Mission Impossible: The Art of Arthur Dagley 

It was a life-long dream of local artist Arthur Dagley to have a public art gallery in his home town of Tauranga. It’s ironic that nine years after his death, a retrospective of his works is exhibited in Tauranga’s newly opened gallery.

Dagley lived and worked in Tauranga his entire life, however his lack of a national profile and loyalty to the town in which he was born resulted in him being overlooked in the country’s art history. As one art writer noted “Dagley has been called the most underrated painter in New Zealand”.

 

Apart from his landscapes, seascapes, portraits and figurative narratives, Dagley was inspired by the burgeoning expansion of Tauranga’s port. Many of his works featured the harbour bridge, freighters, glimpses of ships coming into port, even an old barge washed up on Sulphur Point where he overlaid bolts to emulate its three-dimensional nature, bringing the barge off the canvas and into the viewers space; the early stages of mixed media.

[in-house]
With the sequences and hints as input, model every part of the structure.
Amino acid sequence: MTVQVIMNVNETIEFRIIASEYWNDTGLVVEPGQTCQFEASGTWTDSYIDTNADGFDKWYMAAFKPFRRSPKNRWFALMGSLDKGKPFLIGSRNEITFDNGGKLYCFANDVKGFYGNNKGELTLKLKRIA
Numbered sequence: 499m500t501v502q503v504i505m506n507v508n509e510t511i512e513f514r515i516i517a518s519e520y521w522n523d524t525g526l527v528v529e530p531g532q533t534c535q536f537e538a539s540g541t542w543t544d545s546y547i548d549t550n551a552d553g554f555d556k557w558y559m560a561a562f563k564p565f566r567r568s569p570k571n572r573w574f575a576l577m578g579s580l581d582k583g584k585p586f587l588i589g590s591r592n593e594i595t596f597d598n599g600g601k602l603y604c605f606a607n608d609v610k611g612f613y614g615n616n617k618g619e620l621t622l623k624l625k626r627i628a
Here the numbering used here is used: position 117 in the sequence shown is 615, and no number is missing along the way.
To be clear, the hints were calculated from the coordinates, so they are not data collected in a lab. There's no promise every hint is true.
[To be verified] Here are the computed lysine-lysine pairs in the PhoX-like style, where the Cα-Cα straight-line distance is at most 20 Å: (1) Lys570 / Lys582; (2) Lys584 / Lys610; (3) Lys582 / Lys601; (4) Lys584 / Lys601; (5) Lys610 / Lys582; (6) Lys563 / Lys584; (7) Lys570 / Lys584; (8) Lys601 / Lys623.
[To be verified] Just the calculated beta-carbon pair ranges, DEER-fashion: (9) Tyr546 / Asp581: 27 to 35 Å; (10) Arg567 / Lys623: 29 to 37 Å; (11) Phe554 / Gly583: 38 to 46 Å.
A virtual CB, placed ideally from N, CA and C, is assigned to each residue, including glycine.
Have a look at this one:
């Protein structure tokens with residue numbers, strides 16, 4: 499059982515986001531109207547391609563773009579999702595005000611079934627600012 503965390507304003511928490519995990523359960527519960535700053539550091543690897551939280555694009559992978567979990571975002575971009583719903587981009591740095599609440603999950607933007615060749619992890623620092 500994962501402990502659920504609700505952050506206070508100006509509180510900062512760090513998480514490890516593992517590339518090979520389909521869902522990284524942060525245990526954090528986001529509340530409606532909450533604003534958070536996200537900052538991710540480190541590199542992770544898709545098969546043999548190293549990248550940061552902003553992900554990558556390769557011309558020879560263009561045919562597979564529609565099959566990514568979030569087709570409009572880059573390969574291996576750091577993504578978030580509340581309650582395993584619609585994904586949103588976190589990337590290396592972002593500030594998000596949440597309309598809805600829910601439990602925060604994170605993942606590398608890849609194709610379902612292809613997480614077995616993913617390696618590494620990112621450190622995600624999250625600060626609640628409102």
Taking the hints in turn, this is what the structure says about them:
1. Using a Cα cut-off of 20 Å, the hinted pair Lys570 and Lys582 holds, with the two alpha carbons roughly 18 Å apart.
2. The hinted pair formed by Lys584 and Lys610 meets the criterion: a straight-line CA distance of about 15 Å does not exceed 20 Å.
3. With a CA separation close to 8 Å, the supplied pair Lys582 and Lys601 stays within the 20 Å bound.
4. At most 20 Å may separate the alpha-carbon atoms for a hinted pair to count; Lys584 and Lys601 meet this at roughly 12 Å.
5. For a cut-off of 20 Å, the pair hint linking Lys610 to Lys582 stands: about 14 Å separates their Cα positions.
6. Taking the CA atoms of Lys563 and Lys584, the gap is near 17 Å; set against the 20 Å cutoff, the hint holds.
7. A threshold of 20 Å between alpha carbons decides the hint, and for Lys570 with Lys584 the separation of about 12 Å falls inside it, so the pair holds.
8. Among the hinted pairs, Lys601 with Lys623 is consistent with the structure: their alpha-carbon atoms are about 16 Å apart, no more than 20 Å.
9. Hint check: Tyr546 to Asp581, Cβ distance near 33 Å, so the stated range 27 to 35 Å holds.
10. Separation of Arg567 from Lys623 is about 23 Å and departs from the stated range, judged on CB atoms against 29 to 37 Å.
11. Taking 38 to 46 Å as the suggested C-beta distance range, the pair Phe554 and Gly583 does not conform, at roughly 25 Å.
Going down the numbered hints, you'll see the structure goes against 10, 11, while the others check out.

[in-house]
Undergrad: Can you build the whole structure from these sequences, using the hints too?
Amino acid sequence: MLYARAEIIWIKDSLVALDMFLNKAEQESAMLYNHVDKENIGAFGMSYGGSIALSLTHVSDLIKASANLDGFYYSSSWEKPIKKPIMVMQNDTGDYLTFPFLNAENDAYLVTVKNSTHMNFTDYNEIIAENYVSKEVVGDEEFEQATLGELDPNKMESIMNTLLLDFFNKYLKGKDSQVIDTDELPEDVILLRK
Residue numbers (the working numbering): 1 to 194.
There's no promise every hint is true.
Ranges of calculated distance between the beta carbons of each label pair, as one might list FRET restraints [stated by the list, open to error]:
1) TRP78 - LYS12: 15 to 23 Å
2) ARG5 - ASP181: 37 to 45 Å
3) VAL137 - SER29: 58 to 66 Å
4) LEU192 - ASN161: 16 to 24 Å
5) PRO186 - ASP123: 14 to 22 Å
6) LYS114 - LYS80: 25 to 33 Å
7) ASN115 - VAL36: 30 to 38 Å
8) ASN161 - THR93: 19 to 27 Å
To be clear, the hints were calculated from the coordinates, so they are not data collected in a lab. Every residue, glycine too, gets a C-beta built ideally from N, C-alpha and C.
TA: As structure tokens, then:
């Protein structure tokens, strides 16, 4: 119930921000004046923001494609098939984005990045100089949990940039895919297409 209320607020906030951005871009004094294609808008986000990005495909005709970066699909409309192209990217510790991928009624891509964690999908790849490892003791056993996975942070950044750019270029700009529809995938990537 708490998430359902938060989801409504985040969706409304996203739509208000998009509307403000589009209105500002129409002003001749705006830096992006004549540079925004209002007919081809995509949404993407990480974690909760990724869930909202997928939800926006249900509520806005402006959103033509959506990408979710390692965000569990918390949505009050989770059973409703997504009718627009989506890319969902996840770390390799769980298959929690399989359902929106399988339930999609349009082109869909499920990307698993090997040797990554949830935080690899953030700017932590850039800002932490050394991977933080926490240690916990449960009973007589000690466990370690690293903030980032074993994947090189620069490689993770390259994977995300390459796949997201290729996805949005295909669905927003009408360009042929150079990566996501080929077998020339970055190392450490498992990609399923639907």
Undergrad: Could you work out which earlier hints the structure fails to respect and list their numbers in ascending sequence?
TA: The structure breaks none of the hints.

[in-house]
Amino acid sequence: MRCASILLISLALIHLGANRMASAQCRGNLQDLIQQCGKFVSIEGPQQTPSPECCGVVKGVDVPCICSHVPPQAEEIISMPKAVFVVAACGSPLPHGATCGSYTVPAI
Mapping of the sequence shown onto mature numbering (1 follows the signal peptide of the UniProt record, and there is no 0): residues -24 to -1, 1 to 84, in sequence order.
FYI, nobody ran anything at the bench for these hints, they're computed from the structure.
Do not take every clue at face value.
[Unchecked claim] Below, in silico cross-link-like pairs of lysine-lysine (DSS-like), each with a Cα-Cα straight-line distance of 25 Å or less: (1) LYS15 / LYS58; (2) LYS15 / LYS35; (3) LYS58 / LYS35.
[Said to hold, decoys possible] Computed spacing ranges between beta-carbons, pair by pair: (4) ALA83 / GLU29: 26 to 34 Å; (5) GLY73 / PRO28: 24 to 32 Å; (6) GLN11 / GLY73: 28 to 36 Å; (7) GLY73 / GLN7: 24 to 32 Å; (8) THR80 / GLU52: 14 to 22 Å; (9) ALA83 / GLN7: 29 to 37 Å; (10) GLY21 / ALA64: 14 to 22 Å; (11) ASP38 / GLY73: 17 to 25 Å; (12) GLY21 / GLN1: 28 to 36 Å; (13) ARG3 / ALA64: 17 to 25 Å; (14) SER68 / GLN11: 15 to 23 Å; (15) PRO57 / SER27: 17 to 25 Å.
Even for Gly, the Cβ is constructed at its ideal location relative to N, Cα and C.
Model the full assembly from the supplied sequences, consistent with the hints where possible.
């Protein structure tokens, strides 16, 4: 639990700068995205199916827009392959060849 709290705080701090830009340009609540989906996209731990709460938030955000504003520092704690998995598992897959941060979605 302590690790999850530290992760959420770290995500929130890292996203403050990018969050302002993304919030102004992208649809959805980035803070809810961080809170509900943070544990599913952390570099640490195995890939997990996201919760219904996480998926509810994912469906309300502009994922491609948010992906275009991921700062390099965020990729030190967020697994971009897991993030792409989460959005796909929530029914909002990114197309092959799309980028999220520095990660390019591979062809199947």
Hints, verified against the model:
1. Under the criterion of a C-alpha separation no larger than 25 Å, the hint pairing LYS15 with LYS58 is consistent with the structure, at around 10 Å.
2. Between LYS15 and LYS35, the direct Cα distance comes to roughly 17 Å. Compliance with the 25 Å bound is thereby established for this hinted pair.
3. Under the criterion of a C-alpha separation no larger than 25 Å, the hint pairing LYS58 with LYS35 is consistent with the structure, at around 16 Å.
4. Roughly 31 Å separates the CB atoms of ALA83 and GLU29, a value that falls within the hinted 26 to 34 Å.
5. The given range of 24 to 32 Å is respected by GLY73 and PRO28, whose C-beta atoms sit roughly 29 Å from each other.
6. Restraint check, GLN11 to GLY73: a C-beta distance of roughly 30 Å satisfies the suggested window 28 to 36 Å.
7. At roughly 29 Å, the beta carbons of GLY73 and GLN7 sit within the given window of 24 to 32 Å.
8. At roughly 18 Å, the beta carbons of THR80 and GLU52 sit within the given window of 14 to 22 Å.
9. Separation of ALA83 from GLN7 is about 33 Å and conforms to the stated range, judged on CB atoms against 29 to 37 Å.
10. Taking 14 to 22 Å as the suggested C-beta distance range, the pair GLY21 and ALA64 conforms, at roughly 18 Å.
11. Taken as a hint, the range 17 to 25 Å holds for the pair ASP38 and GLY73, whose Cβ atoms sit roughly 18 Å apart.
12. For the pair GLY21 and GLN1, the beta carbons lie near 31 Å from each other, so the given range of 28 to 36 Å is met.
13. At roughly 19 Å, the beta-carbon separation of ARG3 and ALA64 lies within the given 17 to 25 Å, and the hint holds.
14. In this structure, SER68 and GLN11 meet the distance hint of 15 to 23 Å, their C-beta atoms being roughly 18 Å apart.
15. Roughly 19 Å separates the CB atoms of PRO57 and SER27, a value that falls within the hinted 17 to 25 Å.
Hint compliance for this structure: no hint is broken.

Dagley was a prolific artist whose style was forever developing and changing. During his full-time painting career of three decades, Dagley exhibited in approximately 50 solo exhibitions and numerous group shows, and was a 1968 Benson & Hedges Art Award finalist and recipient of the National Bank Art Award in 1973.

Dagley's work is held in several collections including the Dunedin Public Art Gallery.

Catalogues and gift cards are available.

Sponsored by TECT (Tauranga Energy Consumer Trust)